Google Fights Back Against Stricter Privacy Regulations
The Google executive in charge of global government relations is calling for countries to adopt a watered-down version of the patently impossible "one-size-fits-all approach" when regulating tech and social media companies like his.
Karan Bhatia, Vice President of Global Public Policy and Government Relations disguised his call for common regulations as "common rules of the road." His eyebrow-raising suggestions follow increasing calls for tougher government regulations of tech and social media firms in light of relentless abuses and scandals plaguing these firms.
Europe and its General Data Protection Regulation (EU) 2016/679 (GDPR) regulation implemented May 2018 is one example of harsh regulations social media and tech firms say impinge on their basic rights. GDPR is a law on data protection and privacy for all individuals within the European Union (EU) and the European Economic Area (EEA).
Bhatia admitted a one-size-fits-all approach won't work, but this didn't stop him from revealing his own solution to this conundrum. What Bhatia suggests is that countries work towards some sort of "convergence" of regulation worldwide, according to CNBC.
"Some coordination on this, some level of collaboration, I think is going to be absolutely critical. We are very supportive of international efforts on multiple fronts to sort of create that level of dialogue and ideally common rules of the road," said Bhatia during at the World Government Summit in Dubai yesterday.
"I think it would be extremely helpful if there was some convergence," he said.
On the other hand, Bhatia called for a federal approach for the U.S. where regulation legislation will be fragmented because of different laws among the 50 states. There are no federal laws regulating social media and tech firms.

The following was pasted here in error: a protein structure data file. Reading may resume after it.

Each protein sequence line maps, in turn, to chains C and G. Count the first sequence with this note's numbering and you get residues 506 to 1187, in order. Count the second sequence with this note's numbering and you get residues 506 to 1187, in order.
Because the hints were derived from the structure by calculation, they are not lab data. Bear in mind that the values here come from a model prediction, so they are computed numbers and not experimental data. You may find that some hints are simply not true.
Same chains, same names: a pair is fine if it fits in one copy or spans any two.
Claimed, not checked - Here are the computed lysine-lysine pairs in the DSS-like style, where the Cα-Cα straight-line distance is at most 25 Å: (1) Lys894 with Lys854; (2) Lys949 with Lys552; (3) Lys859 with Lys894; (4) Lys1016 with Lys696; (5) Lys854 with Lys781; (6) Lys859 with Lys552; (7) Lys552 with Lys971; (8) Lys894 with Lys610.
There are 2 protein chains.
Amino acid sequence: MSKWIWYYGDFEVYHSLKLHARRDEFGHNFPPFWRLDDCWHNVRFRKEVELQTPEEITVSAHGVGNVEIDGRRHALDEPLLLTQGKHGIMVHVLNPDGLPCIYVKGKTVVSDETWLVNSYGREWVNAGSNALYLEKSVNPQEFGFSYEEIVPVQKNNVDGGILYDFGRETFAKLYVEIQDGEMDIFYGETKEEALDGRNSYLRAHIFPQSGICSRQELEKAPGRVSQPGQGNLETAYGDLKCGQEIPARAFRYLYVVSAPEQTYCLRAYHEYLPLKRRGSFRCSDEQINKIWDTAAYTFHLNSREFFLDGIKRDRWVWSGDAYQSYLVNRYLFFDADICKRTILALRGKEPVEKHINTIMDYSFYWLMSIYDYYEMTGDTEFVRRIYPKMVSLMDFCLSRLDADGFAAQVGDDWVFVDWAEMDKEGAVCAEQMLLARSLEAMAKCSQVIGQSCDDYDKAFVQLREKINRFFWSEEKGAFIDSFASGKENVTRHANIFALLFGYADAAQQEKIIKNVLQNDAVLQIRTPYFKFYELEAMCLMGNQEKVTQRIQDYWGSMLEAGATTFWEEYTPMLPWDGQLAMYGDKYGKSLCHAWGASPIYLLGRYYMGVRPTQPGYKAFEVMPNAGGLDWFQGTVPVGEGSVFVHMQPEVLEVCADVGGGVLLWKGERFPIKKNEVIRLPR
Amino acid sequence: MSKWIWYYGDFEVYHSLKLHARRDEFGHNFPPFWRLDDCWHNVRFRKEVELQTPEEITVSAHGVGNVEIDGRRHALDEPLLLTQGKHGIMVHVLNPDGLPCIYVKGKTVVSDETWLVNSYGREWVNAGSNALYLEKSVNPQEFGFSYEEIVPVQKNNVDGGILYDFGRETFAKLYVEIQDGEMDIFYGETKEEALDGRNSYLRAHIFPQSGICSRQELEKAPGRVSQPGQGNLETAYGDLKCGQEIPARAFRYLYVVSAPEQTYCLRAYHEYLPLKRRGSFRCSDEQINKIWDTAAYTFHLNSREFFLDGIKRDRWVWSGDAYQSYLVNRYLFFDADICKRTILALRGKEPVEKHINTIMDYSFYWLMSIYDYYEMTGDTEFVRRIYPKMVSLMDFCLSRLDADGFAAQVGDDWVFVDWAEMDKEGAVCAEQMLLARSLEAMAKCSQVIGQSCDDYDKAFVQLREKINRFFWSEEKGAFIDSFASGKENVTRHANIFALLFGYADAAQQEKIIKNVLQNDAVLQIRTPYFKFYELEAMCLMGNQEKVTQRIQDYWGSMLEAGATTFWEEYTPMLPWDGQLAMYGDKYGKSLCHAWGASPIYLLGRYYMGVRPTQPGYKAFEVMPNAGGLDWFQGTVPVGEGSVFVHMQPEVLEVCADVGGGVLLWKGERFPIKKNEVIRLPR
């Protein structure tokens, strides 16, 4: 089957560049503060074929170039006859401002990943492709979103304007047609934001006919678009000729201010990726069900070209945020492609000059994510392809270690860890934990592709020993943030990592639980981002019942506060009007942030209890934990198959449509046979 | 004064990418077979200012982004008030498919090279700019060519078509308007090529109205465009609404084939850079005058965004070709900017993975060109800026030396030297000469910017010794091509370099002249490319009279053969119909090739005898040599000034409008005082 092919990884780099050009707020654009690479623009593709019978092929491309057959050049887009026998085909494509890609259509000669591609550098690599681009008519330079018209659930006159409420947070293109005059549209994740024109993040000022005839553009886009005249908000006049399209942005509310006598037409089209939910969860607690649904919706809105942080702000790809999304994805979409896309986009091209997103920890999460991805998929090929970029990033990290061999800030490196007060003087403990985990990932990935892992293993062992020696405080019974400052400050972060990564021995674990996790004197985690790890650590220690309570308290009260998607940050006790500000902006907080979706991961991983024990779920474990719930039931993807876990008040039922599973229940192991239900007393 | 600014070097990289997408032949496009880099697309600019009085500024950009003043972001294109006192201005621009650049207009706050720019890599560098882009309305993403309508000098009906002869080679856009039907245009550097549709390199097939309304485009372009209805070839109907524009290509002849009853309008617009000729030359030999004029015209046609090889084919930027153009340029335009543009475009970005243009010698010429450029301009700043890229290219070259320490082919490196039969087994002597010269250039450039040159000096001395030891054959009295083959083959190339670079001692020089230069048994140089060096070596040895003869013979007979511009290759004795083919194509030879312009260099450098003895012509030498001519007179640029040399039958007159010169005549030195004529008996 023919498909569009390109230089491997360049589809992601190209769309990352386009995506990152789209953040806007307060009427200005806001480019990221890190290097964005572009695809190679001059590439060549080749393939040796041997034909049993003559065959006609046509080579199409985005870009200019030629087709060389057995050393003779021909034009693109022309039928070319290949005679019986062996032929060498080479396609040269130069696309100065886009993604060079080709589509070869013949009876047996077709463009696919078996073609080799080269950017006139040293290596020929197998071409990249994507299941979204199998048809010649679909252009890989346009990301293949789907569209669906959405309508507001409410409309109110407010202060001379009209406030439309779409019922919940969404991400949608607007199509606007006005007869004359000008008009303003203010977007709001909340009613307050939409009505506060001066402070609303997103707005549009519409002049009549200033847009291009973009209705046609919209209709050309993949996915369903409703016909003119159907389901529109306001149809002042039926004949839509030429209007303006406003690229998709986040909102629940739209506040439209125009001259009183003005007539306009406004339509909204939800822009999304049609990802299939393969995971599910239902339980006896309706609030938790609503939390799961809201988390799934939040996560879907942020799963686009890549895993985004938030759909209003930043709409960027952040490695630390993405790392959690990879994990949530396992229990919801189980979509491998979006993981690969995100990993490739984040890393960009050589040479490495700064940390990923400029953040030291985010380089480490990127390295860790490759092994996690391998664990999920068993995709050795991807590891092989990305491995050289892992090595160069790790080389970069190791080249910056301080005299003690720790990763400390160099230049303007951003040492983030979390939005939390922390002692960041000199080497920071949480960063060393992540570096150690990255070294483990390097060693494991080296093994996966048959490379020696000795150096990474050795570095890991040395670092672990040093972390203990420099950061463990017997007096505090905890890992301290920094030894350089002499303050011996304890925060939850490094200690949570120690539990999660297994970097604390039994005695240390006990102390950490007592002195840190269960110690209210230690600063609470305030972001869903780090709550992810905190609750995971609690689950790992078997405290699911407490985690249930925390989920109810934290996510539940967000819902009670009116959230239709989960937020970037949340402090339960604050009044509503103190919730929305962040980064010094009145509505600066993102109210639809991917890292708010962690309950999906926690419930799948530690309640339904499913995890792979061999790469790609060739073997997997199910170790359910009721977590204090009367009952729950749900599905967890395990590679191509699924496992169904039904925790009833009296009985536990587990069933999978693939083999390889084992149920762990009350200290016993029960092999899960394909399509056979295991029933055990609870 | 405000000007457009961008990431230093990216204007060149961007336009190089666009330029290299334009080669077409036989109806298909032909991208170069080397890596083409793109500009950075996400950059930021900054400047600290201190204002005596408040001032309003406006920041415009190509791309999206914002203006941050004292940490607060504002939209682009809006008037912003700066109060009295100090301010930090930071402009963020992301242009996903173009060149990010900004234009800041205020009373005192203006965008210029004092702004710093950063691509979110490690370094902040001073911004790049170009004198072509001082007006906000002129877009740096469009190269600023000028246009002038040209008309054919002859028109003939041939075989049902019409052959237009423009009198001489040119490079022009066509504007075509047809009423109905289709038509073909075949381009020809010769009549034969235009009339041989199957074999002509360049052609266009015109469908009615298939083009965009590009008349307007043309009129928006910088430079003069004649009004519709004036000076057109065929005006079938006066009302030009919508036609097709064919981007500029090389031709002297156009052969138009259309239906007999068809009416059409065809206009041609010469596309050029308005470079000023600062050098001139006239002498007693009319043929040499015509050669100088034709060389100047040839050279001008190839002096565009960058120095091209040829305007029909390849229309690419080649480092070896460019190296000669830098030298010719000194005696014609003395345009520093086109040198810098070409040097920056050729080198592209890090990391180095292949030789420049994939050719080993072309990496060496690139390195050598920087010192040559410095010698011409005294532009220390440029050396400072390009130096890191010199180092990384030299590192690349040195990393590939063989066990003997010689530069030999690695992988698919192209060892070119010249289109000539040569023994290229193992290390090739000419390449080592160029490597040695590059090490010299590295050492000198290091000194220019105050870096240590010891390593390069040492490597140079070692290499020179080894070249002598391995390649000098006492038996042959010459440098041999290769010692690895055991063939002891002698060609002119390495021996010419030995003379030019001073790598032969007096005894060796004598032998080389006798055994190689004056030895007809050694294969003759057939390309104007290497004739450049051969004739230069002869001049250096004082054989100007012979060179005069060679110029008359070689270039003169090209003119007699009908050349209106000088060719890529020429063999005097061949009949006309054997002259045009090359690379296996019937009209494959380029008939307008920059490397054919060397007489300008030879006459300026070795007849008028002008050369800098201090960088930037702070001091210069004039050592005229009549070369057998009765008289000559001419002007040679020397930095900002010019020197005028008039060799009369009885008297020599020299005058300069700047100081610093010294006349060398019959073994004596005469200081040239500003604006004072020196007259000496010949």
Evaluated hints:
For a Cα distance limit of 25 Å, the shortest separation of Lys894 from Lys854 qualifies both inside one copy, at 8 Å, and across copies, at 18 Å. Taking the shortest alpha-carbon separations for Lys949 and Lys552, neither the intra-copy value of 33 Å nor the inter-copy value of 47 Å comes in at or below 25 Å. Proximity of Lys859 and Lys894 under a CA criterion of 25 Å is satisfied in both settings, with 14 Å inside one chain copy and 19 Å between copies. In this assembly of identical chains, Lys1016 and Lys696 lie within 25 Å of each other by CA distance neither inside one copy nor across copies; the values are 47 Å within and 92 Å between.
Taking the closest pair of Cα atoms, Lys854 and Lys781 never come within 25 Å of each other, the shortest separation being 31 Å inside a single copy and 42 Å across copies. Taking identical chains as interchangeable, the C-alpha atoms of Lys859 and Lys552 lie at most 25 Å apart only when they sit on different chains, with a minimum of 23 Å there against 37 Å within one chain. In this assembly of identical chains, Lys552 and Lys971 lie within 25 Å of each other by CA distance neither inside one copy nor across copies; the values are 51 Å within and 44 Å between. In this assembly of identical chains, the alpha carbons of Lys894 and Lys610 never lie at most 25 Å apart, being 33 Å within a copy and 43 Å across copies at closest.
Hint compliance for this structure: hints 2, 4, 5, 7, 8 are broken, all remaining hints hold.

"We're actually very supportive of comprehensive privacy legislation," according to Bhatia.
Bhatia found an ally Margaret Peterlin, senior vice president of global external and public affairs at AT&T, who also called for a "convergence" of laws for technology firms. She also called for federal legislation.
"Yes we'd like to see federal legislation and part of the reason why is it's really important to provide consistency," said Peterlin.
Apple CEO Tim Cook has also said he supports federal privacy laws, if and when these come about.
California, however, leads the rest of the U.S. in crafting tougher laws limiting the access to data by tech firms. It plans to introduce its own privacy laws in the absence of federal regulations.
There's a growing consensus toward regulation in the U.S. Congress largely because of the backlash against huge technology firms such as Facebook with its Cambridge Analytica scandal, which many see has having grown largely unchecked by the federal government.